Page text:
With climate change ever-present, it’s time to consider the value of stormwater and treat it like the freshwater asset that it is.
Even in the drought-ridden American West, climate change doesn’t necessarily reduce the amount of water an area receives, but it definitely has changed how, when, and in what form it arrives. This means more volatile precipitation, less snowpack, more flooding, higher temperatures, and shorter wet seasons.
The impact that this is having on our watersheds is alarming. All of the water that we consume comes from a watershed. Watersheds consist of two distinct parts: surface waters - which are streams, rivers, and lakes - and groundwater, which is stored in underground aquifers.
Most areas, at least in the West, rely heavily on groundwater. The need to replenish these underground stores is critical, and every drop of stormwater that becomes runoff instead of seeping back into the ground is a missed opportunity.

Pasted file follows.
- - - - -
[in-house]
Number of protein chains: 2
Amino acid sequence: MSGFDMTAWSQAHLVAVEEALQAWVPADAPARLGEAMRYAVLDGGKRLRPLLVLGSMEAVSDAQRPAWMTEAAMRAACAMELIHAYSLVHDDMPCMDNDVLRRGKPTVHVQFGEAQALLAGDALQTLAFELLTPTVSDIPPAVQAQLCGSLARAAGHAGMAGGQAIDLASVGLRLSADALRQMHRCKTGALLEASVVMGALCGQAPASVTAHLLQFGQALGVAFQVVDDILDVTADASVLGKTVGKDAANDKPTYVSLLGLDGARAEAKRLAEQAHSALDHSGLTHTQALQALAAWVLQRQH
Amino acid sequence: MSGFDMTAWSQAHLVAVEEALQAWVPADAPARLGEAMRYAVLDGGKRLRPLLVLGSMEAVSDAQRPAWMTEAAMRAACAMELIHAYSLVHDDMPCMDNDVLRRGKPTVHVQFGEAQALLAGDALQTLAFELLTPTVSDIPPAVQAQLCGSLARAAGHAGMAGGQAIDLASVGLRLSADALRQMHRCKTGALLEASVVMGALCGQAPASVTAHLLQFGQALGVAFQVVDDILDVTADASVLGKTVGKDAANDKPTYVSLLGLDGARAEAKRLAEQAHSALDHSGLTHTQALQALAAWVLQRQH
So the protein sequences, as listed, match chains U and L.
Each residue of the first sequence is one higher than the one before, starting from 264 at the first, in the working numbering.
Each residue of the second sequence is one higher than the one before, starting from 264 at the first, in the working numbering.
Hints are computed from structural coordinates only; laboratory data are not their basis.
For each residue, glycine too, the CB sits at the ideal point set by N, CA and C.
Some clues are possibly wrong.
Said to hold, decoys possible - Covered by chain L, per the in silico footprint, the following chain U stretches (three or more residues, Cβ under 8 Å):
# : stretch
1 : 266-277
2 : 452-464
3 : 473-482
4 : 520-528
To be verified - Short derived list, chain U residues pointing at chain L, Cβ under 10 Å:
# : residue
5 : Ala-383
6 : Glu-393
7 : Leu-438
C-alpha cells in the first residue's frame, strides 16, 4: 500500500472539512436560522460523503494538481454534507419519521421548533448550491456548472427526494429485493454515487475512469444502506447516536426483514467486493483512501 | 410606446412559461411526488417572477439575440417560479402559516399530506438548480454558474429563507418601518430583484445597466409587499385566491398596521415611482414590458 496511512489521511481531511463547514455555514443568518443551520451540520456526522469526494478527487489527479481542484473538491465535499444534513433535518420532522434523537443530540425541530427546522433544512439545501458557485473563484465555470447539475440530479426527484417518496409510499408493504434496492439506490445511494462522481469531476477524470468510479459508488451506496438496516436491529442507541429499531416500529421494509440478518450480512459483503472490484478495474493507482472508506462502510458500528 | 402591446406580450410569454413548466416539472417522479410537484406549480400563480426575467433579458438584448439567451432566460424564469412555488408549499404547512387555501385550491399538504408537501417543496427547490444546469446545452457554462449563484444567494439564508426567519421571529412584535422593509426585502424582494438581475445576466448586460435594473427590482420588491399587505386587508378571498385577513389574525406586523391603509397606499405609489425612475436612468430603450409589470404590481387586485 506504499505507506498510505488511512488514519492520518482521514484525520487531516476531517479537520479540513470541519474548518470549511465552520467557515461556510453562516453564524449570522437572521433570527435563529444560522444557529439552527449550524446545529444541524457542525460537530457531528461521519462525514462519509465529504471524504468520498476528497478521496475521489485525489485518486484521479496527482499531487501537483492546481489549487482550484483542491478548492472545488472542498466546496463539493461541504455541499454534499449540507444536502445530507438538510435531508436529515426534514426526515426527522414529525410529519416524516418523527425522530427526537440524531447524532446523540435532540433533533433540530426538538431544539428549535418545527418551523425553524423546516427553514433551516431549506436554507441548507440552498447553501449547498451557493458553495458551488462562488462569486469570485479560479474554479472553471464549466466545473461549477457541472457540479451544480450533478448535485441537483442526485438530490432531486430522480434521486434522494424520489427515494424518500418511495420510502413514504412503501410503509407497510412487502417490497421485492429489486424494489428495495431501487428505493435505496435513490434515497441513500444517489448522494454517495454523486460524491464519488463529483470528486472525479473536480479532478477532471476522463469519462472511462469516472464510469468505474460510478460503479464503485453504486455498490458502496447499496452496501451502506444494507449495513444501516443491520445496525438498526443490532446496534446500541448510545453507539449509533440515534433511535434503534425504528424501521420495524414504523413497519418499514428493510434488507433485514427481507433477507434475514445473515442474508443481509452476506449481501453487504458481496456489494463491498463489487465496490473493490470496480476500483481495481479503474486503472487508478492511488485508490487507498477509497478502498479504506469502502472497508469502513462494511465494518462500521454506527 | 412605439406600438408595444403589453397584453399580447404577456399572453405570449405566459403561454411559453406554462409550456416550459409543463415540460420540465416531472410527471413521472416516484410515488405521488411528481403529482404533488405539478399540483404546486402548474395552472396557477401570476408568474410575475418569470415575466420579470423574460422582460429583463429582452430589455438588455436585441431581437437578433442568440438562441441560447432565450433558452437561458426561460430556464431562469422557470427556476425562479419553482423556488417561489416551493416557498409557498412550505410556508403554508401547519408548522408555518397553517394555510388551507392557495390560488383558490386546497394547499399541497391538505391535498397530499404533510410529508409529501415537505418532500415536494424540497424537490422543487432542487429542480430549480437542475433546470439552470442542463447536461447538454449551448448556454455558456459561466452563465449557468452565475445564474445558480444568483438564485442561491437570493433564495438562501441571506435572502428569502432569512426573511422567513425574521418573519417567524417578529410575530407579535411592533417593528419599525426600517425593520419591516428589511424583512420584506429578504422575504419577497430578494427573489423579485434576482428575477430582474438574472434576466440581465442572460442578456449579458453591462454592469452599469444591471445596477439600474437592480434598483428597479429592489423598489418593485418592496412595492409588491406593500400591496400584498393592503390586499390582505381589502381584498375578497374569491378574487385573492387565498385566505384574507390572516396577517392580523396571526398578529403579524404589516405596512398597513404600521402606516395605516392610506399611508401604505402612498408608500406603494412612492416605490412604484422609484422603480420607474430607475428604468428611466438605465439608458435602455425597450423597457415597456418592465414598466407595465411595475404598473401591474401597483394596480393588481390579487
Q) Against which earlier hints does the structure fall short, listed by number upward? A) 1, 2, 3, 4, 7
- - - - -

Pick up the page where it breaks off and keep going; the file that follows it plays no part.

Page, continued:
In most U.S. cities, where upward of 40% of the urban landscape is paved over with impervious surfaces, huge volumes of runoff are generated each time it rains. There is an enormous opportunity for cities to adapt to the new normal of climate change by turning impervious surfaces permeable. In this era of flashier rain events, where wet weather events can be extreme, volatile, and quick, cities can become more resilient by prioritizing the use of permeable paving and green infrastructure. Not only can it help mitigate urban flooding and runoff pollution, but it can readily get much needed precipitation back into the ground.